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Start Me Up

Some of the most promising sectors for start-ups in the United States.

Invention drives the U.S. economy, where constant innovation attracts some of the brightest minds and most aggressive investors in the world. In 2015, venture capital investors funded U.S. start-ups with a record $63.3 billion (Rs. 4,40,000 crores approximately), all hoping to strike it rich with the next “unicorn”—a privately-owned start-up that eventually grows to a valuation of $1 billion (Rs. 6,700 crores approximately) or more. Here are some U.S. business sectors projected to become the most profitable in the near future.


The sharing economy
Uber and Airbnb began as start-ups in the “sharing economy,” where two-sided online marketplaces helped connect the supply and demand sides of e-services. Today, they are two of the most valuable U.S. “unicorn” companies in the world, boasting valuations of $62 billion (Rs. 4,20,000 crores approximately) and $25.5 billion (approximately Rs. 1,70,000 crores), respectively, according to FORTUNE.com. Tomasz Tunguz, partner at Redpoint Ventures, a venture capital firm focused on investment in seed, early and growth-stage companies, estimates that two-sided marketplaces now command over 10 percent of all seed and Series A investments—the initial fundings for start-ups. “The astronomical growth rate and size of these businesses have seen investors pursuing new and novel categories,” he notes. Since the sector’s recent expansion, consumers have seen two-sided marketplaces pop up for pet-sitting, guided tours, equipment rentals, grocery shopping and personal couriers, just to name a few. With peer-to-peer e-services expected to grow to $335 billion (Rs. 22,00,000 crores approximately) by 2025, the sharing economy still has to explore plenty of innovative solutions.

Drone manufacturing
The small unmanned aerial vehicles sector, which encompasses commercial, recreational and military drones, is estimated to be a $3.3 billion (Rs. 22,000 crores approximately) market in the United States. This manufacturing sector is on track for rapid growth as a result of a U.S. Federal Aviation Administration legislation, which has eased regulations for commercial drone use.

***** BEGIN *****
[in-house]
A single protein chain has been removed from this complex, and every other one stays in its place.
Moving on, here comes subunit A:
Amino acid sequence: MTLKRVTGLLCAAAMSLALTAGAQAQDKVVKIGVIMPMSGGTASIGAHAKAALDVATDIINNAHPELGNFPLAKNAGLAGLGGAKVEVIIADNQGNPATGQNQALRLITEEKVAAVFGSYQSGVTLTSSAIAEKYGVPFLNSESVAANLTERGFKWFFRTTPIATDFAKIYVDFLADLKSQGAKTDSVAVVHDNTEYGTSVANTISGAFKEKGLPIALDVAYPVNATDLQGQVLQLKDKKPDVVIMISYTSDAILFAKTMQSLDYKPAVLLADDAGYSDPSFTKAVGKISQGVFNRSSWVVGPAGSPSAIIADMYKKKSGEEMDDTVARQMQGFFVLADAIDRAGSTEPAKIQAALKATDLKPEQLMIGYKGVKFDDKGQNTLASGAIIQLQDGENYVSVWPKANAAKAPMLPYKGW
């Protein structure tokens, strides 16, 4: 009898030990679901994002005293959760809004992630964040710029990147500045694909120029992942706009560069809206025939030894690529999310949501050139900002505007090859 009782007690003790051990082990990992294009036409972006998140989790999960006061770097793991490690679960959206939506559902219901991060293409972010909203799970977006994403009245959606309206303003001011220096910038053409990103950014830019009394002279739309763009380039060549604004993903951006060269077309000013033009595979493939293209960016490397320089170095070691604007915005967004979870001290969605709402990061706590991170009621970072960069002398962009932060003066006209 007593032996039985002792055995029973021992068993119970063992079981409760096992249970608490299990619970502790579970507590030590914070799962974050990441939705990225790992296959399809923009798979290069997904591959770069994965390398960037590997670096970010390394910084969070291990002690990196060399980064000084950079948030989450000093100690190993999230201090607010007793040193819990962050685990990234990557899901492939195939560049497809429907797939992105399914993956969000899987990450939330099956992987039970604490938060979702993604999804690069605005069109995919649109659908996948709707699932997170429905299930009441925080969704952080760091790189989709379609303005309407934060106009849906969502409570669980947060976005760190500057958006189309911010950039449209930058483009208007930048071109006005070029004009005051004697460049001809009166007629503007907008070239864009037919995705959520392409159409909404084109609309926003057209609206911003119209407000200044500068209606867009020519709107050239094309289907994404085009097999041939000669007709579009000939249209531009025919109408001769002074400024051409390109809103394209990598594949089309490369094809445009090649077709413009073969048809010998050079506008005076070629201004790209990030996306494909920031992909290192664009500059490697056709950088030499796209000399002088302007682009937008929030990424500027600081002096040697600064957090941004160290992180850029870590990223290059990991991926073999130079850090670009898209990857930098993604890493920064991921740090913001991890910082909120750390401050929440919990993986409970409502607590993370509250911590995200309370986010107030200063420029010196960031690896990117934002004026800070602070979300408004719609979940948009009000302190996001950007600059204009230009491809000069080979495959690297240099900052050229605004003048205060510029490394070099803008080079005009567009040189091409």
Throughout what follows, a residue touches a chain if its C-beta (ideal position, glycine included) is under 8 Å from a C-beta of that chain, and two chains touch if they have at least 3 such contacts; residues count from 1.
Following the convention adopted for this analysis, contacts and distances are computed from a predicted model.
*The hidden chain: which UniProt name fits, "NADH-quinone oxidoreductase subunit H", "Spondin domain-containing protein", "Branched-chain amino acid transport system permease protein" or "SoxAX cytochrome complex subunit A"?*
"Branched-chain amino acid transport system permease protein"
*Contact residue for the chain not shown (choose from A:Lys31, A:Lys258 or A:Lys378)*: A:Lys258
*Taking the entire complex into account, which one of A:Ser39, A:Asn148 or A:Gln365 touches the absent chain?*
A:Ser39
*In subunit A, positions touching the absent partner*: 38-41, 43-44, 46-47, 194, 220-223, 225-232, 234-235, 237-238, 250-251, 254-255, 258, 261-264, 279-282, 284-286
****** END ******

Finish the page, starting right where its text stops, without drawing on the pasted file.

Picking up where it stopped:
An economic report by the Association for Unmanned Vehicle Systems International in 2013 projected that 70,000 new jobs would be created in the United States during the first three years of drone integration, with a potential economic impact of more than $13.6 billion (Rs. 90,000 crores approximately). The intriguing uses for these commercial drones—disaster relief, scientific research, law enforcement and freight delivery—point to the sector’s incredible potential.


Virtual reality and augmented reality
Virtual reality and augmented reality have already begun to captivate global audiences with 360-degree simulated worlds and interactive spatial information. Investors are betting big on these technologies to disrupt several huge industries in coming years. Recent Goldman Sachs research has predicted that the virtual reality and augmented reality industry could soar to an $80 billion (Rs. 5,40,000 crores approximately) market by 2025, dramatically impacting industries like television and film production, video games, live music, sports, architecture, travel and education.

Facebook’s $2 billion (Rs. 13,300 crores approximately) acquisition of headset manufacturer Oculus in 2014 is an example of virtual reality’s exciting new possibilities. “This is a good candidate to be the next major computing platform,” Facebook founder Mark Zuckerberg explained in an interview with Bloomberg Businessweek. “It’s worthy of a lot of investment over a long period.”


Real estate tech